The “academic program review” process and subsequent cuts were conducted at the recommendation of the consulting firm rpk GROUP, which is also contracted by several other universities implementing similar cuts. While WVU was implementing its cuts, the University of North Carolina at Greensboro (UNCG) was conducting a similar process. The university’s administration claimed that it faced a budget crisis (which was found to be false by an independent analysis commissioned by the UNCG chapter of the American Association of University Professors) and impending cuts from the state (which also turned out to be false). The final cuts were announced in February: 20 programs will be eliminated, including the BA in anthropology and the MA in mathematics, even though both programs “met expectations” in the university’s program assessment. The associate dean of the College of Arts and Sciences, who had also been serving as the interim head of the anthropology department, resigned in protest of the academic program review’s mismanagement, alleging that the cuts to anthropology and math were forced onto the college by the provost, despite their programmatic health. While the university claimed that faculty in these programs could keep their jobs until the final students graduated (a “teach out” period), there are reports that faculty are already being asked to resign, and tenured and tenure-track faculty who will be relocated to teaching in other departments will be stripped of their job titles and tenure protections, placed on year-to-year contracts, and subjected to significant pay cuts. Wade Maki, the chair of the UNC system’s faculty assembly who is also a philosophy professor at UNCG, told the Chronicle of Higher Education that Greensboro is only the first of North Carolina’s public universities to make these cuts, and more are coming.

WVU and UNCG are not the only universities facing cuts like these: Vermont State University, Marymount University (Virginia), the State University of New York (SUNY) at Potsdam and Fredonia, the University of Toledo, and Wright State University are also eliminating or proposing to eliminate programs, with the University of Connecticut, University of New Hampshire, Pennsylvania State University, and University of Arizona are all facing significant budget reductions in the near future as well, although it is unclear if these schools are also considering program eliminations. While this new wave is a 2023 phenomenon, the University of Alaska eliminated 39 departments in 2020.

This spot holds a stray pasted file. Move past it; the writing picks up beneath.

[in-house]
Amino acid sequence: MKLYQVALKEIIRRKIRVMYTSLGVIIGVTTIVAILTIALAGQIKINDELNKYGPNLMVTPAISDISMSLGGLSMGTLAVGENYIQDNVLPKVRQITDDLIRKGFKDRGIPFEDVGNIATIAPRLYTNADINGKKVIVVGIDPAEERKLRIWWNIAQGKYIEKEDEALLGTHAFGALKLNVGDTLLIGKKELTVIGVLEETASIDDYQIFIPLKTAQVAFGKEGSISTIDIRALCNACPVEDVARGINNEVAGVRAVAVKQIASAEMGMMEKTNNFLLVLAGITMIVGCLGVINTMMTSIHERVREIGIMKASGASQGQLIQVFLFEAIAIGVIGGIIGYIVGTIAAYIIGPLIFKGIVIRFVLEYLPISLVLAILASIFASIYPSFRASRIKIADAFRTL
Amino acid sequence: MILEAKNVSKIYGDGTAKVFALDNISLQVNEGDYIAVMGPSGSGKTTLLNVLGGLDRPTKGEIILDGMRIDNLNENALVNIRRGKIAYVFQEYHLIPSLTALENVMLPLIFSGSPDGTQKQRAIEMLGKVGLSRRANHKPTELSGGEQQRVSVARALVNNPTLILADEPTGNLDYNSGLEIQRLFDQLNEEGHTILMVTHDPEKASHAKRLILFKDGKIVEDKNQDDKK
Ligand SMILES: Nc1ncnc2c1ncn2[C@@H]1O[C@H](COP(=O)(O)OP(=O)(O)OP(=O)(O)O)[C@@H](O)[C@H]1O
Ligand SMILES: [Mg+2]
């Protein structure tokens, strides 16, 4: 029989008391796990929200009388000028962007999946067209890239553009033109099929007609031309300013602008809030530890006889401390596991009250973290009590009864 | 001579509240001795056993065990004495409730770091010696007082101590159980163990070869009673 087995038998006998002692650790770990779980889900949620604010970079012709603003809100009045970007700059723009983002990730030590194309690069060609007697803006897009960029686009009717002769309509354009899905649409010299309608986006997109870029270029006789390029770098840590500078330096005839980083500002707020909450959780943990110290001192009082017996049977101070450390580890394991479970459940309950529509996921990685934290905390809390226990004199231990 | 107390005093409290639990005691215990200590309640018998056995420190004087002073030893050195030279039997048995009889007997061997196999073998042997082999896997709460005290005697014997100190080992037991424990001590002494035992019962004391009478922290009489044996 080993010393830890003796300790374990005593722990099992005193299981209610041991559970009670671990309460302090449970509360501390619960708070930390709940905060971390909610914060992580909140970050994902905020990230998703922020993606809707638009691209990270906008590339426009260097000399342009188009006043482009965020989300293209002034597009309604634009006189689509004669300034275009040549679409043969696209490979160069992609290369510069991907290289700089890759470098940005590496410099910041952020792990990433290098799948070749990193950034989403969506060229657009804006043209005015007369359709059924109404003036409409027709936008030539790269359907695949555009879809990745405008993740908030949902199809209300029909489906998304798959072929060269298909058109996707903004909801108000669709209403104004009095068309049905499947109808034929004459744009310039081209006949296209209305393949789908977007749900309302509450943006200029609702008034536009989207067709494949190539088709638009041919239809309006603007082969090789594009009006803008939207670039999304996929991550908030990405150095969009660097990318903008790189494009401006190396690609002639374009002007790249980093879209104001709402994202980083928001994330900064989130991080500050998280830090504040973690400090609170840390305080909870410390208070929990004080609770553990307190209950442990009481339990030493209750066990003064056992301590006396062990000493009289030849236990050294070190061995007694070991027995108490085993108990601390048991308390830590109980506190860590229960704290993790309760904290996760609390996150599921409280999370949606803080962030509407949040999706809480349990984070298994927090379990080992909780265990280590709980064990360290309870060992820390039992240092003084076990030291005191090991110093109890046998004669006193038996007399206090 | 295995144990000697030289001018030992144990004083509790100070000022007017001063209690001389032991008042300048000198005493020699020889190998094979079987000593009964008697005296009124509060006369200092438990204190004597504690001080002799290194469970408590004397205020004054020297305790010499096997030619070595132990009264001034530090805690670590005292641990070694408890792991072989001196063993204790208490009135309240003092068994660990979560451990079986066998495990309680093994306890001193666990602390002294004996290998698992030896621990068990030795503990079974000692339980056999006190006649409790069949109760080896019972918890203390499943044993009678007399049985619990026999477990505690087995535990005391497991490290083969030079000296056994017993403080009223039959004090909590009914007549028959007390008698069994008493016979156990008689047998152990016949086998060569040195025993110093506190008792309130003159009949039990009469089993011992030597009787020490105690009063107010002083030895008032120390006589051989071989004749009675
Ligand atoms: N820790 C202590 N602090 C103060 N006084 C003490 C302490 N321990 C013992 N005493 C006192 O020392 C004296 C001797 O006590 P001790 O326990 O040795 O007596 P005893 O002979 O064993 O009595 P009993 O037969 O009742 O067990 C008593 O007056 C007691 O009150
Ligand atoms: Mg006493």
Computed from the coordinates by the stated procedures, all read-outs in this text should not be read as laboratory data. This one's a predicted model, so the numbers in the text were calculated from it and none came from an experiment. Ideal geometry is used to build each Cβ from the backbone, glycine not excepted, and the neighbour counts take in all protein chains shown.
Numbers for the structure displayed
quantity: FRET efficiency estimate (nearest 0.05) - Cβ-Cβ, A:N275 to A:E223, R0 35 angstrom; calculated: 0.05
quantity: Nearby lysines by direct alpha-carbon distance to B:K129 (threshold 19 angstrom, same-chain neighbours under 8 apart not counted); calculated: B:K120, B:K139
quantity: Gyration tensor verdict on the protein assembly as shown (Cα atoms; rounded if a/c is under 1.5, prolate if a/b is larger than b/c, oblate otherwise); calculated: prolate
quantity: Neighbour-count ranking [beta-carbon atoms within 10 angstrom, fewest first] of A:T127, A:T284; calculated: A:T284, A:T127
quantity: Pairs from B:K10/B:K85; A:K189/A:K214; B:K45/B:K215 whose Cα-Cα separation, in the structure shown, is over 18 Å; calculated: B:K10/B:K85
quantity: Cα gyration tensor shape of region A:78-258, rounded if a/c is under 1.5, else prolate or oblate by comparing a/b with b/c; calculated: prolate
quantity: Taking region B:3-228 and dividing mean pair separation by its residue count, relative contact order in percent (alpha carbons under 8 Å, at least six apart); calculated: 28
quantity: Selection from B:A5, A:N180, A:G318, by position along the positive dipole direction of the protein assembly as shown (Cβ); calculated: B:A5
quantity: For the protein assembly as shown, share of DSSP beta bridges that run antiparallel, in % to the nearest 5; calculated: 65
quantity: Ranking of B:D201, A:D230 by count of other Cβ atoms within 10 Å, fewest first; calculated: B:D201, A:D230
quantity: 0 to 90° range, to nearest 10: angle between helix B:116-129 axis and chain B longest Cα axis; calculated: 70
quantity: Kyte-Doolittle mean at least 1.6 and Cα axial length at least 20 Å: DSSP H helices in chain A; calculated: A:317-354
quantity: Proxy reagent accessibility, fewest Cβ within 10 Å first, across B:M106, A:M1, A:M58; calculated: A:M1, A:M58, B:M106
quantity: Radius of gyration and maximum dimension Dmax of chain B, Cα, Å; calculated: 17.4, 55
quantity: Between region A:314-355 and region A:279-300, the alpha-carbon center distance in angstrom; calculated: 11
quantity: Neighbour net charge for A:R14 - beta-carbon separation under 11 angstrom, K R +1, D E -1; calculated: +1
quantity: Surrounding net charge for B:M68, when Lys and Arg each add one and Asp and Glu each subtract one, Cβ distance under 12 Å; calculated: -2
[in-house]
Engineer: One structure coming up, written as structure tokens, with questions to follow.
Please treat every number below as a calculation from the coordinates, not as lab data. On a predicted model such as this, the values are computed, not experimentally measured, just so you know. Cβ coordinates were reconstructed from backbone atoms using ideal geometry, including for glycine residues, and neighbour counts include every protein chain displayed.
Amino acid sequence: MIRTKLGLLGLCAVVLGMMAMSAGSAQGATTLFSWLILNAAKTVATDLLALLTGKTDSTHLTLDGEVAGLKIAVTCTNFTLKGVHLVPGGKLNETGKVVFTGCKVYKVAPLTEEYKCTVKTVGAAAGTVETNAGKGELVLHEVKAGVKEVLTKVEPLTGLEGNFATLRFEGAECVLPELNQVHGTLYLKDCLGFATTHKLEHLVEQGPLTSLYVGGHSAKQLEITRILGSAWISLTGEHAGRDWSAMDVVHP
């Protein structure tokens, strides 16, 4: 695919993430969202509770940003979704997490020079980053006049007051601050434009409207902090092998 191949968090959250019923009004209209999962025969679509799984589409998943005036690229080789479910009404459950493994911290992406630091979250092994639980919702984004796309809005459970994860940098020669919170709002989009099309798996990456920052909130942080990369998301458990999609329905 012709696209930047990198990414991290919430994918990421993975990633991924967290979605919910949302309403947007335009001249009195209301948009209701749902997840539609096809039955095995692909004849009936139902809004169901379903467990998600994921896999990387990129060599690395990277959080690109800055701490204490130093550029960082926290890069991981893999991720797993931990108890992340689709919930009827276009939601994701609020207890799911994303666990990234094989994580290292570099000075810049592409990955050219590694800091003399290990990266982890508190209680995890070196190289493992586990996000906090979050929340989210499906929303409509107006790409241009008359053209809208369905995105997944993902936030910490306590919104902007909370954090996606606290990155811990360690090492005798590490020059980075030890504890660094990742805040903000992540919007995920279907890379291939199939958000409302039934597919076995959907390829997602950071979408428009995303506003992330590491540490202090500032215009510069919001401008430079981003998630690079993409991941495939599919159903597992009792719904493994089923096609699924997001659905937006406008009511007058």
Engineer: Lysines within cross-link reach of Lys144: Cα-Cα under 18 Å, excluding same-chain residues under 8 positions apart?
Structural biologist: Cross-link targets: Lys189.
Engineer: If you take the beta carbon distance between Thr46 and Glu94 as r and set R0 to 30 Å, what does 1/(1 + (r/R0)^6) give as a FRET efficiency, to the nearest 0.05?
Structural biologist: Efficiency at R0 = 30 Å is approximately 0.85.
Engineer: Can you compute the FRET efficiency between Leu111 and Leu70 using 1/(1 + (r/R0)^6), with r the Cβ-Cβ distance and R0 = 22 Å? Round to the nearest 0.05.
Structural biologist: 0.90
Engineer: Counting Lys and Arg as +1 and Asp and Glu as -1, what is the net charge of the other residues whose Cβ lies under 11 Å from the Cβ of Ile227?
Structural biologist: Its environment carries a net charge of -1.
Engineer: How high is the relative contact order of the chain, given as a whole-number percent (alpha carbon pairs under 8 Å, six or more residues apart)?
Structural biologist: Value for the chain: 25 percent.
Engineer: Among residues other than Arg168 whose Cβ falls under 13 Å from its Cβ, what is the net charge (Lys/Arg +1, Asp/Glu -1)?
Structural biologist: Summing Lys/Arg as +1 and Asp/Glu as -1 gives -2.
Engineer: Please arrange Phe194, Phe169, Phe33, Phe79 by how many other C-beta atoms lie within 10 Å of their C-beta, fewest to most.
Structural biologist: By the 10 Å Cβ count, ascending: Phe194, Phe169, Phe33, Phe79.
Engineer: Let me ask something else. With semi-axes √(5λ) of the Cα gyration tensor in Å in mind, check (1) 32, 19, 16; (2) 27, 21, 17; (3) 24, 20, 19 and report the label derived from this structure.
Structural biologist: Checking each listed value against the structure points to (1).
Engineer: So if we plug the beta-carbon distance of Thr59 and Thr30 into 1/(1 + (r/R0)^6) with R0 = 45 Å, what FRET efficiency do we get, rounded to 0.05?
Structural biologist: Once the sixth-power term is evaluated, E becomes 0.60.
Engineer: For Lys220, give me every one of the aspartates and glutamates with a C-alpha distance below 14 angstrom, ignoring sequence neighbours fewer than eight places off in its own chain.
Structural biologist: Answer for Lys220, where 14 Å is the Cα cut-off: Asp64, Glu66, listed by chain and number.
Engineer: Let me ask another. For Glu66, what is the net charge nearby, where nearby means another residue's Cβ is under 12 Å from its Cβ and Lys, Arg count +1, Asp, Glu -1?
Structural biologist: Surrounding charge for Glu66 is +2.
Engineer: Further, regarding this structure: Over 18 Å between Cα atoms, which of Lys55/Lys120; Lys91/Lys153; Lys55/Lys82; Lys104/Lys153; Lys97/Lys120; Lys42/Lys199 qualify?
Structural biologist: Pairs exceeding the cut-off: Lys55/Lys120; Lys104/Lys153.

Program eliminations are not taking place only in the humanities and arts, as one might expect. Physics, math, and other STEM programs are also on the chopping block at these schools.

My own university, the City University of New York (CUNY), is also a client of rpk GROUP. Campus workers recently discovered, thanks to a leaked memo from the executive vice chancellor to campus presidents and deans, that academic program review is in our future too, alongside other “cost-saving” (workload-increasing) measures. The threat of program elimination is just one more item to be added to the list of issues we are facing, including significant cuts in funding from the city and the state, campus cuts imposed by CUNY Central administration, vacancies leading to higher workloads, increased class sizes (sometimes increased right before the semester starts), and more.

The memo claims that increasing average class sizes will “not adversely impact educational outcomes,” but teachers and students all know — and research supports this — that smaller classes are better for everyone. A smaller class means teachers can give more individualized attention to each student, but it also means students can build closer relationships with one another and feel more comfortable participating in group discussions; my own students often speak about how much shyer they feel in large groups compared to how they can connect with others in a more intimate environment. On academic program review specifically, the memo says, “The Council on Academic Policy (CAP) is developing parameters to guide this effort based on national practices.” It’s this reference to “national practices” that leads many CUNY workers to suspect the involvement of rpk GROUP and an intended replication of the processes that are leading to hundreds of our colleagues across the country losing their jobs. An informal study conducted by the chair of the CUNY University Faculty Senate estimates that as many as 200 programs could be potential targets for elimination, and the chair acknowledges that program eliminations may well result in meaningful savings only if faculty positions affiliated with them are also eliminated.